Founded by Anaal Nathrakh live guitarist Paul Harrington and born of a love of all things thrash, Danmaku also features Stu Pendergast (Hospital Of Death) and Mike Pilat (ex-The Ocean) – the pedigree’s all there, then. Erring to the more groove-based side of thrash, as reigned over for so long by Sacred Reich, Turn Up The Gas does the business with great style.
Launching straight into ‘Void Messiah’, there’s little room for doubt about what you’re in for from the rest of this album – tight, muscular riffing is propelled along by solid drumming and laced with Pilat’s tuneful roar. There’s a definite air of the aforementioned kings of groove-thrash throughout in the way the guitars and drums lock together but Danmaku are far from being a one-trick-pony. Flashes of hardcore influence creep into the vocals as the record progresses (far from out of place, if you know your thrash history!), and the guitars take on a more Death-ly tone here and there (‘Times Of Ignorance’ has some good examples scattered between its pounding verses and choruses), all the while cranking the pace up and up until the explosive penultimate track ‘Walk The Whole Parade’.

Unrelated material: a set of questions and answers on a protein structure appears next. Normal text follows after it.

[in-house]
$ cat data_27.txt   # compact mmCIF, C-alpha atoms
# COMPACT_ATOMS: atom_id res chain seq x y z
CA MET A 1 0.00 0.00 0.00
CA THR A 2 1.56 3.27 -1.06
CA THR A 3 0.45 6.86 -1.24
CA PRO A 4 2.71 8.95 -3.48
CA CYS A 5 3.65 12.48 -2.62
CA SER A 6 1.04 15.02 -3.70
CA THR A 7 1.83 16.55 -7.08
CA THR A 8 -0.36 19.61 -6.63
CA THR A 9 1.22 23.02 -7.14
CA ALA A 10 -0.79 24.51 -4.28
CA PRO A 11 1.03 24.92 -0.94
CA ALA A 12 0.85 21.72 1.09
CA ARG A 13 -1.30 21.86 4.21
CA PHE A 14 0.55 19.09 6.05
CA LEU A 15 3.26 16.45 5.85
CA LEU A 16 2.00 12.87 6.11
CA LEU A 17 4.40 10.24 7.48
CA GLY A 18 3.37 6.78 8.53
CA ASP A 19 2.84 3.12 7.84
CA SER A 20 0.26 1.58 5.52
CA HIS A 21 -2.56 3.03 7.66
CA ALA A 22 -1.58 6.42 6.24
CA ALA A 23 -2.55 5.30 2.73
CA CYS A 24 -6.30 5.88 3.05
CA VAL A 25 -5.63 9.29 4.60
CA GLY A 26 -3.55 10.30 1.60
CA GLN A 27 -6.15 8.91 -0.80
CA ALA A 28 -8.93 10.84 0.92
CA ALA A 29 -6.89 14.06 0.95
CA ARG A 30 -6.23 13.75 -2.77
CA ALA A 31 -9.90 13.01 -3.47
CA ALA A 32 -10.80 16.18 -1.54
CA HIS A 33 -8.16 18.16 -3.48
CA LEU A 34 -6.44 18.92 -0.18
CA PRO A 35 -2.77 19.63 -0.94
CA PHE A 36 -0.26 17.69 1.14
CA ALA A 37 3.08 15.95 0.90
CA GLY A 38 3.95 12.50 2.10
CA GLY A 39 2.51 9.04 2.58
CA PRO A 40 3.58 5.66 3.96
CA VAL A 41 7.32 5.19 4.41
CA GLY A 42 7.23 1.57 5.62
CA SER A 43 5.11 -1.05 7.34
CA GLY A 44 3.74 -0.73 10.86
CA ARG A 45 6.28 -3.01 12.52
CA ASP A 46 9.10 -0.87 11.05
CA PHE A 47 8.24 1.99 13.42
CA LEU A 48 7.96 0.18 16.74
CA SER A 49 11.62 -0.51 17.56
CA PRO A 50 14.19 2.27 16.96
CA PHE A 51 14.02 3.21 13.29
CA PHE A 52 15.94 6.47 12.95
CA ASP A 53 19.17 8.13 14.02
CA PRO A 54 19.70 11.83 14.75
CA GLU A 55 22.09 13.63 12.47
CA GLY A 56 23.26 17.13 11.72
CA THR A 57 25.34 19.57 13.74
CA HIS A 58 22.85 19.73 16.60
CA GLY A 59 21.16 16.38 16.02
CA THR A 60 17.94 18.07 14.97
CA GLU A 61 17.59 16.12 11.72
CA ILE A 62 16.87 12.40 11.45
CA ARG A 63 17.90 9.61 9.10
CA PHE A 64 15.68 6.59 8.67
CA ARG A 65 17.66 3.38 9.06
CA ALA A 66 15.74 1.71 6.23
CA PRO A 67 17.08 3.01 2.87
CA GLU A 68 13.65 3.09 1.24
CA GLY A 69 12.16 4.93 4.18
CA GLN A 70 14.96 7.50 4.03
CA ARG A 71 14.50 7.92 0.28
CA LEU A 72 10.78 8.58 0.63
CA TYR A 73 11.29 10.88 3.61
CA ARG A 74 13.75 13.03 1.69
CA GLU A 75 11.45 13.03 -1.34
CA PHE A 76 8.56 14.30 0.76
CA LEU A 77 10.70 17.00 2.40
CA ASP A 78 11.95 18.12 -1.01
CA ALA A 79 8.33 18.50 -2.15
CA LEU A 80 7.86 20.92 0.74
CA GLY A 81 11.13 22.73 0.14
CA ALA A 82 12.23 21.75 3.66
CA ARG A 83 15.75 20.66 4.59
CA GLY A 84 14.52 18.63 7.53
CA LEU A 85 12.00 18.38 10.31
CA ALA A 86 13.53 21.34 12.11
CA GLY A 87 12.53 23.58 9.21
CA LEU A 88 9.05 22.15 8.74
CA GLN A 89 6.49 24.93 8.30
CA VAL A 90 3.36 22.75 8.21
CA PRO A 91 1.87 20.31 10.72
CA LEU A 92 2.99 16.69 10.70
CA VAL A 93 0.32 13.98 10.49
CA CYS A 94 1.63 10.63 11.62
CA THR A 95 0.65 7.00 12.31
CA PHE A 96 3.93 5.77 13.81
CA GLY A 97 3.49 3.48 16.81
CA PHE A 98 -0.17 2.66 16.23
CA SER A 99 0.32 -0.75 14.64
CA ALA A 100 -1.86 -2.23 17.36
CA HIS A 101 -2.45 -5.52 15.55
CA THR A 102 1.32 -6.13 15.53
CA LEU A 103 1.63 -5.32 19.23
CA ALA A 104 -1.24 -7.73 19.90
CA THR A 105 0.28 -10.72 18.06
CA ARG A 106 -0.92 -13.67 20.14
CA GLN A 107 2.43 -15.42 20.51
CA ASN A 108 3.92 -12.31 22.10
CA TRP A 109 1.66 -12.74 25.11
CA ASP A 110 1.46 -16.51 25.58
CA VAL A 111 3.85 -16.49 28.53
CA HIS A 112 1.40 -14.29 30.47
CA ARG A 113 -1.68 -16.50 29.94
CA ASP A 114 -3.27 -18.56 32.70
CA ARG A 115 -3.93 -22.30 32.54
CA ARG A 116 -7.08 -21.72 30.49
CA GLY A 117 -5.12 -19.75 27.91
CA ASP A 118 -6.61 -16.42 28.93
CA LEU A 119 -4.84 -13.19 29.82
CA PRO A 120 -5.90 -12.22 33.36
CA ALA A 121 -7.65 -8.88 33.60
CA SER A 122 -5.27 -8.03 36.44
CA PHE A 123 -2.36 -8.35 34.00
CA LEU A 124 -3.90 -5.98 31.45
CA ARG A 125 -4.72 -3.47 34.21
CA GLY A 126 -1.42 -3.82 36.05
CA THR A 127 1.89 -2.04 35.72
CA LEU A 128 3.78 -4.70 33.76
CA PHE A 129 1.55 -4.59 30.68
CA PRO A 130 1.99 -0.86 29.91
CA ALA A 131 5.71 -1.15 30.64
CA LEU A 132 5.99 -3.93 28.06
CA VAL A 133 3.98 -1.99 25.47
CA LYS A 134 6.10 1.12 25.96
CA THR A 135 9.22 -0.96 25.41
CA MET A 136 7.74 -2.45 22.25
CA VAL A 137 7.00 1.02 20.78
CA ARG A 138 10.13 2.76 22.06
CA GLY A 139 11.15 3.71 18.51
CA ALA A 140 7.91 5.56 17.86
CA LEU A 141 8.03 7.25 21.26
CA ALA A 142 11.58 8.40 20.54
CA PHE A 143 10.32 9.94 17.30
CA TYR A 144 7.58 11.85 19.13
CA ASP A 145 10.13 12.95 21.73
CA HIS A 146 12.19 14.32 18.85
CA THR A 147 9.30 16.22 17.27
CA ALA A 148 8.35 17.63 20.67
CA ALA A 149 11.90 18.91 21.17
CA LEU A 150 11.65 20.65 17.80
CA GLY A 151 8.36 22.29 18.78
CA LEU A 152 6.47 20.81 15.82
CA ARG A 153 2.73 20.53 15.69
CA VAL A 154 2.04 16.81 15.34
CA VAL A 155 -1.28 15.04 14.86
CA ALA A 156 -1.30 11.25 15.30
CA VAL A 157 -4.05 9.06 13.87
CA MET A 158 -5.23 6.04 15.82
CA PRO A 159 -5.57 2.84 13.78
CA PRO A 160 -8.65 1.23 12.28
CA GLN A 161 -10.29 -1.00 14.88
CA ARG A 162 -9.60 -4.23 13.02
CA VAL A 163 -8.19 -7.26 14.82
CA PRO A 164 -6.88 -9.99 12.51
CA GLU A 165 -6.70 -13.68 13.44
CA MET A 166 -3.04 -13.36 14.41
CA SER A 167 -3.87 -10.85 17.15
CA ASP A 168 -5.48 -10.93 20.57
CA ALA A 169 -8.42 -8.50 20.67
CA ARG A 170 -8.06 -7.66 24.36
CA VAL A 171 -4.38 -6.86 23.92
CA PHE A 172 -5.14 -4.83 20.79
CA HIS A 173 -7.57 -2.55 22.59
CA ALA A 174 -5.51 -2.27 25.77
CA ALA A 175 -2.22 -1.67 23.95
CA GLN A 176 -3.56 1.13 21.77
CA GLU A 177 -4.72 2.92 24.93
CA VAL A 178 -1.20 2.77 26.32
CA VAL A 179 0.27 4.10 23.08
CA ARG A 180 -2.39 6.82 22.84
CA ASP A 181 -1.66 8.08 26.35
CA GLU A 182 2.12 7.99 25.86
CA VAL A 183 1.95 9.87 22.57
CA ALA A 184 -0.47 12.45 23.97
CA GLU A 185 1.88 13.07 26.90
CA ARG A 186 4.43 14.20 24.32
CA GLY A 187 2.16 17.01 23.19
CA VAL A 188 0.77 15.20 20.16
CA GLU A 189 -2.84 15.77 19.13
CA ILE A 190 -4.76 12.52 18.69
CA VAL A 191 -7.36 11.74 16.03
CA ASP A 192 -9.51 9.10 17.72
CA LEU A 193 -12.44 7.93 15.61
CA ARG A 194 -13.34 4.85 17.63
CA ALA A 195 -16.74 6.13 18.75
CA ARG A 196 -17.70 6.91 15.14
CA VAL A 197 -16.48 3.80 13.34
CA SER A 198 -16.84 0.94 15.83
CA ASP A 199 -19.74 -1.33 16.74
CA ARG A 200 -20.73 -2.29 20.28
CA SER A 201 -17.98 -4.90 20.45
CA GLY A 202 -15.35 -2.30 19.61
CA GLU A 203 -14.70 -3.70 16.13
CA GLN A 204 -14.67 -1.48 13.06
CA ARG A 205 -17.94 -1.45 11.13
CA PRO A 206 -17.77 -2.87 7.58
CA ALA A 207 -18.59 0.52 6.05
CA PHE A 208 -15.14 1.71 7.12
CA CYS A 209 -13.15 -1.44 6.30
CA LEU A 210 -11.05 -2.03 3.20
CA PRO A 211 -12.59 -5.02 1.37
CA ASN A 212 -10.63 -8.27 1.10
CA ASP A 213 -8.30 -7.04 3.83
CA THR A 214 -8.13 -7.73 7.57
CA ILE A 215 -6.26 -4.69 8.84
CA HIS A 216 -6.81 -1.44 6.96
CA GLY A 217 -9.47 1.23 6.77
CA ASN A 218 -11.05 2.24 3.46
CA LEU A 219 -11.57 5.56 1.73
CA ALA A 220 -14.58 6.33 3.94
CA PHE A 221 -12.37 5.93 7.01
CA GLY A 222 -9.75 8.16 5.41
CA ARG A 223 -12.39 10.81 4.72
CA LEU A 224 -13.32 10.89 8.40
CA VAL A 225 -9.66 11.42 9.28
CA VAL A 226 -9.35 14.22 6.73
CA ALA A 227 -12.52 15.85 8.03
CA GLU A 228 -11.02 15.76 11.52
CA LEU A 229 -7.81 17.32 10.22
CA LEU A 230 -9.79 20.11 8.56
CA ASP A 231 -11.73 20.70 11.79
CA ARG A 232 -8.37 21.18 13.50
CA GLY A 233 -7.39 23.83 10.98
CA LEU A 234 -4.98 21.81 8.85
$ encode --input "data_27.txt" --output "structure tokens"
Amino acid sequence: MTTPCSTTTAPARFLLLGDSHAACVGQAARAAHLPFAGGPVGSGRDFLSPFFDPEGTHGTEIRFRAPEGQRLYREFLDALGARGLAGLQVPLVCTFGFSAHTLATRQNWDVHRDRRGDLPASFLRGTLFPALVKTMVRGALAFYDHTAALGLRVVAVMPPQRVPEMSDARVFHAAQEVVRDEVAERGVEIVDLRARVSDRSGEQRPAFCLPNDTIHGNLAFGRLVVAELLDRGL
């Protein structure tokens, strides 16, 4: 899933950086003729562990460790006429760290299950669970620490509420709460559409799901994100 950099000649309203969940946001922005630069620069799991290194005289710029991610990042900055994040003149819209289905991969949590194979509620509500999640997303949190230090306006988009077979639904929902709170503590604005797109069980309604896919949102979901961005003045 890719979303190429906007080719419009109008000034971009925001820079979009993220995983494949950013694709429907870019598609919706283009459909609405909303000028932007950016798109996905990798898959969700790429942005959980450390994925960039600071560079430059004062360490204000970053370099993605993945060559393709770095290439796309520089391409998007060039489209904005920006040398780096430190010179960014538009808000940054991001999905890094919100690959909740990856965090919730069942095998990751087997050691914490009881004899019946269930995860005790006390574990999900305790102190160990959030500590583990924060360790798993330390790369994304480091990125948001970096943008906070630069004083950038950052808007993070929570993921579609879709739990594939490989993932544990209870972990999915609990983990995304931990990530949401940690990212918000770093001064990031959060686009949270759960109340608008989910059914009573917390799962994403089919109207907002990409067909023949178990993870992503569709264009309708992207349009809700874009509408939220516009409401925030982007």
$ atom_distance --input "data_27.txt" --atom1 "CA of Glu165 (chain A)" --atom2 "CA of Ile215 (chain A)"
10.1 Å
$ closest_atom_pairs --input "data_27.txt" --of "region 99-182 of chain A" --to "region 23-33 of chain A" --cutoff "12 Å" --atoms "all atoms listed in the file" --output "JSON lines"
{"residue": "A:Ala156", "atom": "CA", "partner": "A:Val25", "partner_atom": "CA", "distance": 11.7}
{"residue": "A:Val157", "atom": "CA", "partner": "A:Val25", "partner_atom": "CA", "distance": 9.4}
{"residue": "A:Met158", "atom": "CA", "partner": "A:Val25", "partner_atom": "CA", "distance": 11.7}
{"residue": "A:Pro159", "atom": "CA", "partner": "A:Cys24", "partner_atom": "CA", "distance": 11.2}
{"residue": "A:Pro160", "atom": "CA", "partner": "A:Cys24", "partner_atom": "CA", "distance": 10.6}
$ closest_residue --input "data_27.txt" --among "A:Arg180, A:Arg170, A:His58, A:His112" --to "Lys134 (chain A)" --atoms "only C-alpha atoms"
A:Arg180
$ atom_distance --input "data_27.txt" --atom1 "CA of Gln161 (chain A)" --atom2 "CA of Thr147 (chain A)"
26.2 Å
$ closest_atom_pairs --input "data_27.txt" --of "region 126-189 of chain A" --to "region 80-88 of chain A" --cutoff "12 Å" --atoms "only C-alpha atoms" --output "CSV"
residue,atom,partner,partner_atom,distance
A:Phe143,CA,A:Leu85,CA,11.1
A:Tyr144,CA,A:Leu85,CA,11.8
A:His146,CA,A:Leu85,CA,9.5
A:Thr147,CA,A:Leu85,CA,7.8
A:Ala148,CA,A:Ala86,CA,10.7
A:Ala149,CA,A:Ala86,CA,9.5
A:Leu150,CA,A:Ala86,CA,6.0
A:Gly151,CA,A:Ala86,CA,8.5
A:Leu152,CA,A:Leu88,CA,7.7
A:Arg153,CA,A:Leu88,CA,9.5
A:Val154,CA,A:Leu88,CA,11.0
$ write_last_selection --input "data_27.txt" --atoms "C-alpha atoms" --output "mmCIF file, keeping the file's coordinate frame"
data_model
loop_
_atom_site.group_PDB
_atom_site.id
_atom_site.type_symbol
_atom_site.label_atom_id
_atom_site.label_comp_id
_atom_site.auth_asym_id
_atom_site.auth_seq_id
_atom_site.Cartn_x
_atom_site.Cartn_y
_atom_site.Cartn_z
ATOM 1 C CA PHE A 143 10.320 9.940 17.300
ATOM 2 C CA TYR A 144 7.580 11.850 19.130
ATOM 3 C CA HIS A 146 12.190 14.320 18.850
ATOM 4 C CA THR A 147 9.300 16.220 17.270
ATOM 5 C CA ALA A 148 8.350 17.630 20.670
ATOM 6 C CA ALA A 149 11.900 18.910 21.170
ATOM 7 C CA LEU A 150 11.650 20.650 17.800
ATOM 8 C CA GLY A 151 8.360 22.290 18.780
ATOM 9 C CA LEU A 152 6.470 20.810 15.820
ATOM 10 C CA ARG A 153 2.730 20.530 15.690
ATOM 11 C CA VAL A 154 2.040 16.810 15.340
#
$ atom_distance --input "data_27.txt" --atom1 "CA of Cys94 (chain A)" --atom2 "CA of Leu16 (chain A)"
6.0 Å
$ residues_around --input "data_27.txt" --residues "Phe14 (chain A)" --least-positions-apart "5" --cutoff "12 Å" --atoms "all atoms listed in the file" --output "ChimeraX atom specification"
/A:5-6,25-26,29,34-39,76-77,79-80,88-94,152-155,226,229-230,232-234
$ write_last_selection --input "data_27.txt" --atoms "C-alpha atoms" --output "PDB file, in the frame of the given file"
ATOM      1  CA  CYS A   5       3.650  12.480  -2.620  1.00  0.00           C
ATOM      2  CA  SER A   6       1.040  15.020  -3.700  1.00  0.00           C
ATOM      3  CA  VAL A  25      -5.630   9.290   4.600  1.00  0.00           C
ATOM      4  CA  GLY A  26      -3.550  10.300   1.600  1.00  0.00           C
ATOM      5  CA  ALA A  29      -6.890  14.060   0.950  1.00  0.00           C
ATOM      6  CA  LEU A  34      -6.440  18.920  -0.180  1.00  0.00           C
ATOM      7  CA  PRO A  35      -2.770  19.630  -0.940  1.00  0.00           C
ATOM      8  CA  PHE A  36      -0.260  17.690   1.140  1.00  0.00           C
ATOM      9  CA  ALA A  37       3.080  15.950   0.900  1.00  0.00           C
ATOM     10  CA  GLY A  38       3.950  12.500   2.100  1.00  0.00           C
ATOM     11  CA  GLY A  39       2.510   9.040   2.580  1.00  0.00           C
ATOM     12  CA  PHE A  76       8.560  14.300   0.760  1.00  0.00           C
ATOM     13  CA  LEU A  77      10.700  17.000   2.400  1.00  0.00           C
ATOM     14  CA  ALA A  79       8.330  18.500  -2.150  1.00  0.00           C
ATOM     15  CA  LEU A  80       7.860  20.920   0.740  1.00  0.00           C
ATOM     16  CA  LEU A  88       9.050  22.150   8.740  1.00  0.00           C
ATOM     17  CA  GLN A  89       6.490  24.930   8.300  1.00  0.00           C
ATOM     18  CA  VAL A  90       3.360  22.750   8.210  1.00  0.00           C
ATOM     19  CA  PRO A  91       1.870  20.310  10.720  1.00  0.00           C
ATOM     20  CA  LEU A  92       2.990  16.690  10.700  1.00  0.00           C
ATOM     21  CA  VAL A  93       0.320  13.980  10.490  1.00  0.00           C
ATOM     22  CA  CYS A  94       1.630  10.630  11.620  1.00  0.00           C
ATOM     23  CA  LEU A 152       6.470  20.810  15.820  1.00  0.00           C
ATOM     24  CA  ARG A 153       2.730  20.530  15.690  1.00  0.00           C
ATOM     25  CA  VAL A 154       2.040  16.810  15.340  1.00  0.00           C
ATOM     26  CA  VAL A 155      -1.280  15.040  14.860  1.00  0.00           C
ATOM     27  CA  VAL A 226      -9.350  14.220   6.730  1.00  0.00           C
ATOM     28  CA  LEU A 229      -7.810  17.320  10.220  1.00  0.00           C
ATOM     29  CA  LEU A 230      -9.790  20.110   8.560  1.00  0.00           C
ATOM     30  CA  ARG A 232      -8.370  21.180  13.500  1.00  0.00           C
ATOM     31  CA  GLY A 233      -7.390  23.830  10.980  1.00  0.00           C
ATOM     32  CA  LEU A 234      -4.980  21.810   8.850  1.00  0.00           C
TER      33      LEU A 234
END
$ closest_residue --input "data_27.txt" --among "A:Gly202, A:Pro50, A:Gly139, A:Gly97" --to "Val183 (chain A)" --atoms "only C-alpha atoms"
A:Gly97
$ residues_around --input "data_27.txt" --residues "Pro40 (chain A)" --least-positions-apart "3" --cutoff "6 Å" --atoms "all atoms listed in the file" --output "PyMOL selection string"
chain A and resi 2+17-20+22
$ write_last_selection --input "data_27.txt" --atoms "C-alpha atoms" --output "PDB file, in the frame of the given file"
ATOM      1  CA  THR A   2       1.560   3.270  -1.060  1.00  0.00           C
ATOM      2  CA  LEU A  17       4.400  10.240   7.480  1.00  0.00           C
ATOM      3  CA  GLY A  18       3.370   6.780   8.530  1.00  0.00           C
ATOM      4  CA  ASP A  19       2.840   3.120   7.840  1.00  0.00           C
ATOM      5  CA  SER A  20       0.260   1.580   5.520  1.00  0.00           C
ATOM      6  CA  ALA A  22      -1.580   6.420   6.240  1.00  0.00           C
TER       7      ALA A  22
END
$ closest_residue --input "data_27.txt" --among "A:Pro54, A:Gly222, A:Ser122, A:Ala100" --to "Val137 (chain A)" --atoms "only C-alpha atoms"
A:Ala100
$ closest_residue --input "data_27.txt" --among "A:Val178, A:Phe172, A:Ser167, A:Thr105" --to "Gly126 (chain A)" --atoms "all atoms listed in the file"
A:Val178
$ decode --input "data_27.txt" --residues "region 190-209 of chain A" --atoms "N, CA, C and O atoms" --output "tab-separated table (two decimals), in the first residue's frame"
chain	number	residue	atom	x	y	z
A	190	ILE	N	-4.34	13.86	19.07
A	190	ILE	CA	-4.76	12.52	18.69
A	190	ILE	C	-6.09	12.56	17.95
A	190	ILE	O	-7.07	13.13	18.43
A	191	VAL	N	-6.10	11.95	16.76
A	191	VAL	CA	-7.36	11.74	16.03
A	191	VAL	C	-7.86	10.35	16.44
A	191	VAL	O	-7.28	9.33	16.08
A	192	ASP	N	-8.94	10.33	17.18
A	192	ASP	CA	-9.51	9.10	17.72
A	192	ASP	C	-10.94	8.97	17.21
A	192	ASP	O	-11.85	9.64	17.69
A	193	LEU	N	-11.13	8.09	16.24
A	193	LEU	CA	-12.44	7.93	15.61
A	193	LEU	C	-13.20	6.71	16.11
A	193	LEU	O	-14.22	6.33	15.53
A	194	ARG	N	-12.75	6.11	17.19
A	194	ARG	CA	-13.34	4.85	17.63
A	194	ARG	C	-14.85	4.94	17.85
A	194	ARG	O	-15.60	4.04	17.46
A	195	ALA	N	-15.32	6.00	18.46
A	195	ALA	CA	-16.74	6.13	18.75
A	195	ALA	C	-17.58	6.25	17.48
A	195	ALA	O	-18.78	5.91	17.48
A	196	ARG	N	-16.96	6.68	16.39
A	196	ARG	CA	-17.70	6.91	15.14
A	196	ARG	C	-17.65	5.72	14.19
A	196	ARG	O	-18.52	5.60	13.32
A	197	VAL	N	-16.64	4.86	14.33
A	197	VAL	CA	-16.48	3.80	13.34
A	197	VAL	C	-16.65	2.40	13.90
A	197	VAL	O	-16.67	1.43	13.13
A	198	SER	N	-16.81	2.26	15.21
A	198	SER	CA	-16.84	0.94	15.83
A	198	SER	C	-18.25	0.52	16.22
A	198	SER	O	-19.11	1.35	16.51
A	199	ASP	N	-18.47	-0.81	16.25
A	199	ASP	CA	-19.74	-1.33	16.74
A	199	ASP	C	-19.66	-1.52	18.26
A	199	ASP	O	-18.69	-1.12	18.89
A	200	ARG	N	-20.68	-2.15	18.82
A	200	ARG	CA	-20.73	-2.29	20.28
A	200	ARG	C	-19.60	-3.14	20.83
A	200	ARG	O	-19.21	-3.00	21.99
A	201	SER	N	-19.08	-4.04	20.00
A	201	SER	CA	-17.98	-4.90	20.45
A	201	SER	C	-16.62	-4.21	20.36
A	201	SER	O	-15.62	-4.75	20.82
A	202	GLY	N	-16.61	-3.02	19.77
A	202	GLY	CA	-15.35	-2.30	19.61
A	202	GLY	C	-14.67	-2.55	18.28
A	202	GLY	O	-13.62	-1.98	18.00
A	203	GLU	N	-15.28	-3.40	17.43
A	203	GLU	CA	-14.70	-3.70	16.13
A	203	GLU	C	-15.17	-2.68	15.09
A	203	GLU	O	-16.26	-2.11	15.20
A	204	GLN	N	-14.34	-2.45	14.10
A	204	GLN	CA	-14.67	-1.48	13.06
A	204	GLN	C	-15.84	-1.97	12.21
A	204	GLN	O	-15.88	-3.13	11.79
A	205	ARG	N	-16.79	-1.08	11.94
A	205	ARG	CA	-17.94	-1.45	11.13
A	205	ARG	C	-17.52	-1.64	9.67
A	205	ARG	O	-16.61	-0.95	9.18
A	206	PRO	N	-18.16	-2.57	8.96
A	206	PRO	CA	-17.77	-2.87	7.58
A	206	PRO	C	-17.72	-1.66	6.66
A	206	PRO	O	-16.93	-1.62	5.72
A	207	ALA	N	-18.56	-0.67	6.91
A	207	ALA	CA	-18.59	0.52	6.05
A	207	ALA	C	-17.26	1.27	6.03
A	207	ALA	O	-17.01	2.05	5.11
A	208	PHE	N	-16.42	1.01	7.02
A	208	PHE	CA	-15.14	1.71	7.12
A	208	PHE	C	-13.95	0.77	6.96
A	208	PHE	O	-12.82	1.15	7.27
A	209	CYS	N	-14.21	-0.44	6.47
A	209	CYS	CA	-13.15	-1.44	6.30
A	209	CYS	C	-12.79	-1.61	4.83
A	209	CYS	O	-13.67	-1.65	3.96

Album-closer ‘As We Lament’ backs off the throttle in favour of a more measured approach – the arrangement is expansive, the riffing more chordal yet no less aggressive in tone, the vocals given room to really stretch out – and it’s one that really suits the band. I’m not advocating a wholesale switch in style, but it’s never a bad thing for bands to be versatile and after the buildup in speed and technicality all the way through Turn Up The Gas, this feels like a suitably epic end and a fine way to cap the record off.